>>>>>>>>
>>>>>>>>    Kenton McHenry, Ph.D.
>>>>>>>>    Principal Research Scientist, Adjunct Assistant Professor
of
>>>>> Computer Science
>>>>>>>>    Deputy Director of the Scientific Software & Applications
Division
>>>>>>>>    National Center for Supercomputing Applications, University
of
>>>>> Illinois at Urbana-Champaign
>>>>>>>>
>>>>>>>>    On Jul 24, 2017, at 1:55 PM, Dave Fisher <dave2wave@comcast.net
>>>>> <mailto:dave2wave@comcast.net>> wrote:
>>>>>>>>
>>>>>>>>    Hi Kenton,
>>>>>>>>
>>>>>>>>    Is there any reason that you and others from the NCSA
are not
>>>>> Initial Committers? That would make this proposal stronger.
>>>>>>>>
>>>>>>>>    Regarding Apache Tika - it relies on other projects including
>>>>> Apache POI and Apache PDFBox. They are pragmatic about what is used.
If
>>>>> Daffodil works to expand then I think that there would be good synergy
>>>>> between the projects. I know as a POI PMC member that the POI community
has
>>>>> significantly benefited from the Tika community some of whom are from
Mitre.
>>>>>>>>
>>>>>>>>    To date Tika has not emphasized structured data, although
they do
>>>>> extract content from Excel and OpenOffice.
>>>>>>>>
>>>>>>>>    I am intrigued.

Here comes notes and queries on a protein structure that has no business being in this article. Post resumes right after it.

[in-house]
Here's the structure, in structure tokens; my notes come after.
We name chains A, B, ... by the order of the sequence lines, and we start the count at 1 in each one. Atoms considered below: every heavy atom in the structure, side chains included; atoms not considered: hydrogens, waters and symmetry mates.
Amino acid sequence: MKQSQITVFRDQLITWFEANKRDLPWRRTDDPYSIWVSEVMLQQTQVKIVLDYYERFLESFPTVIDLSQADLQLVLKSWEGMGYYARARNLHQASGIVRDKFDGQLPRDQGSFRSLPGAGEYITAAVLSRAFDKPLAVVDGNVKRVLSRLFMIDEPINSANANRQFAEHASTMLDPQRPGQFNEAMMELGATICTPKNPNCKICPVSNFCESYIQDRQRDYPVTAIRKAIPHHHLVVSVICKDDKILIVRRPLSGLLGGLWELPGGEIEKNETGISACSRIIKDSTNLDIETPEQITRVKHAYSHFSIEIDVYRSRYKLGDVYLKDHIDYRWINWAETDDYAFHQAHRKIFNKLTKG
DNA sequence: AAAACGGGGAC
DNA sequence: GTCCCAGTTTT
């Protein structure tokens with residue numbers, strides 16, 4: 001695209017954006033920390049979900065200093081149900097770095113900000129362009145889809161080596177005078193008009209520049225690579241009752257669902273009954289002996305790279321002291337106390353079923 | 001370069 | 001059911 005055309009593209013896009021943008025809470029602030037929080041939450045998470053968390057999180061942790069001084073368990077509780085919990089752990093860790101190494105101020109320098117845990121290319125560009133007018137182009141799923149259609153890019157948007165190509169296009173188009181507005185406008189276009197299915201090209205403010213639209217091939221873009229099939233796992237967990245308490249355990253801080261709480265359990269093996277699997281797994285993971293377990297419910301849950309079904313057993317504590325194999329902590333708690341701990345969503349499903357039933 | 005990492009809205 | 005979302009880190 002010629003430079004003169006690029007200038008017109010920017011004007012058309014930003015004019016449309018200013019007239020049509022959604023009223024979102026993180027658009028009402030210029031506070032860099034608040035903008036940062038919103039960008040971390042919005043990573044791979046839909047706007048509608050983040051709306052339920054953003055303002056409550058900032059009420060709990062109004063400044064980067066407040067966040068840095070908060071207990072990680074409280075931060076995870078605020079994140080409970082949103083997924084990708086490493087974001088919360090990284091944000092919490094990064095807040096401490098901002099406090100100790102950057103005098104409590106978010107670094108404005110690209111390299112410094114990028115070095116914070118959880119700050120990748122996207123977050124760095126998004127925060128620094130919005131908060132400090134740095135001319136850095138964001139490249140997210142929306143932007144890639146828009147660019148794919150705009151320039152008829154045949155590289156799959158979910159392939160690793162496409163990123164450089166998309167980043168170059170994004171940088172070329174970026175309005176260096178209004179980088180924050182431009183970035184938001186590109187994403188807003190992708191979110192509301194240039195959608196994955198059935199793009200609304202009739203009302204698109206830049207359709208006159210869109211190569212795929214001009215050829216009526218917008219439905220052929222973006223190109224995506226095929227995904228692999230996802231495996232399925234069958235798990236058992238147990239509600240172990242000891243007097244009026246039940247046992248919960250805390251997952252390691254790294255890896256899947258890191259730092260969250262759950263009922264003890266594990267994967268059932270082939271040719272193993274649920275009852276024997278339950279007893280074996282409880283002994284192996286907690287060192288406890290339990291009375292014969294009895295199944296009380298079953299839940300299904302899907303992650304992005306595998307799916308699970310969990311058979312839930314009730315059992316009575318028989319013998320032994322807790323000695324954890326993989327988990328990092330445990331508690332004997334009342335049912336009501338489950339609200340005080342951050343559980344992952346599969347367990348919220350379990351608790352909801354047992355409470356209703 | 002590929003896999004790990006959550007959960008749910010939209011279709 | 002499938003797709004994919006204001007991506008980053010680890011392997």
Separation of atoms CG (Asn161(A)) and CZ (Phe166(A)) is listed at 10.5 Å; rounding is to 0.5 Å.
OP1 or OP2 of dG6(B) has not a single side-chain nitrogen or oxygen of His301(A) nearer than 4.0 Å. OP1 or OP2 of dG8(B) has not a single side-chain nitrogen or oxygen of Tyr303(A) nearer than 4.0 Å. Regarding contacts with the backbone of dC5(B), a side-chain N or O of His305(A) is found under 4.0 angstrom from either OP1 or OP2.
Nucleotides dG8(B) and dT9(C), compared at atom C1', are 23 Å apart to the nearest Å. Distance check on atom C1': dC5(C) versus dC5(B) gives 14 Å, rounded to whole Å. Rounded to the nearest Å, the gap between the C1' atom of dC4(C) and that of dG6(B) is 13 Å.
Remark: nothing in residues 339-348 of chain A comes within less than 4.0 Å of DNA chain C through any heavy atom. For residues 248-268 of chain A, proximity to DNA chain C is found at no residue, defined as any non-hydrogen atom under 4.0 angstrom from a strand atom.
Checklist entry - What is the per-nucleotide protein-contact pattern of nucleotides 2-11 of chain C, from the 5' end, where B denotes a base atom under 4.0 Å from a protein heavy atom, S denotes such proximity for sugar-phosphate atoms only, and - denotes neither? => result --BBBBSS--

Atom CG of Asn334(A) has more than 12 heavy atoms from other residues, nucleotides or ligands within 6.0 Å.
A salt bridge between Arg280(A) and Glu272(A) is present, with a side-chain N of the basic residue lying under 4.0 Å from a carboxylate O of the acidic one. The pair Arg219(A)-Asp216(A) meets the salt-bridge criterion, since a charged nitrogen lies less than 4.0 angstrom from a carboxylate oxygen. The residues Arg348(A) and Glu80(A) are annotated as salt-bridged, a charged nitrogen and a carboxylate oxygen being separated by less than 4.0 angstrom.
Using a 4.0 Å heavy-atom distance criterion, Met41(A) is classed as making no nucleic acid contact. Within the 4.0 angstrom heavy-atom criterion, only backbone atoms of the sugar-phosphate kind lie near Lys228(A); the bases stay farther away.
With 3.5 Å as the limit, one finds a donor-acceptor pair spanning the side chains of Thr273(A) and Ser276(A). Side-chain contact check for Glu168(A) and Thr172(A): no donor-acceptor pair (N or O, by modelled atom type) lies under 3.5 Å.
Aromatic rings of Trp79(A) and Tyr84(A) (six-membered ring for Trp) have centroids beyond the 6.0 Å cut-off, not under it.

>>>>>>>>
>>>>>>>>    Regards,
>>>>>>>>    Dave
>>>>>>>>
>>>>>>>>    On Jul 24, 2017, at 10:55 AM, McHenry, Kenton Guadron
<
>>>>> mchenry@illinois.edu<mailto:mchenry@illinois.edu>> wrote:
>>>>>>>>
>>>>>>>>    Yes, DFDL and its open source implementation Daffodil
are more
>>>>> about file formats and getting access to the entirety of a file's contents
>>>>> in a consistent way through machine readable specifications.  The work
has
>>>>> implications in the area of digital preservation allowing one to preserve
>>>>> these machine readable specifications rather than all the tools needed
to
>>>>> open/save a file in order to work with it.  Imagine someone developing
>>>>> graphics software to work with 3D models and not having to worry about
the
>>>>> hundreds of formats out there for 3D meshes (whether there are tools
for
>>>>> opening the files and whether they can get access to those tools, whether
>>>>> the spec is available and worrying about how complex that spec is to
>>>>> implement, etc.), and simply building their code around the contents
(e.g.
>>>>> vertices, faces, etc.).  One could come up with similar scenarios for
other
>>>>> data types (documents, images, videos, audio, depth data, numeric data).
>>>>> Ideally tools built supporting DFDL, could someday, support any format
for
>>>>> that type without the developer having to worry about the details of
how
>>>>> that data is represented within a file.
>>>>>>>>
>>>>>>>>    Kenton McHenry, Ph.D.
>>>>>>>>    Principal Research Scientist, Adjunct Assistant Professor
of
>>>>> Computer Science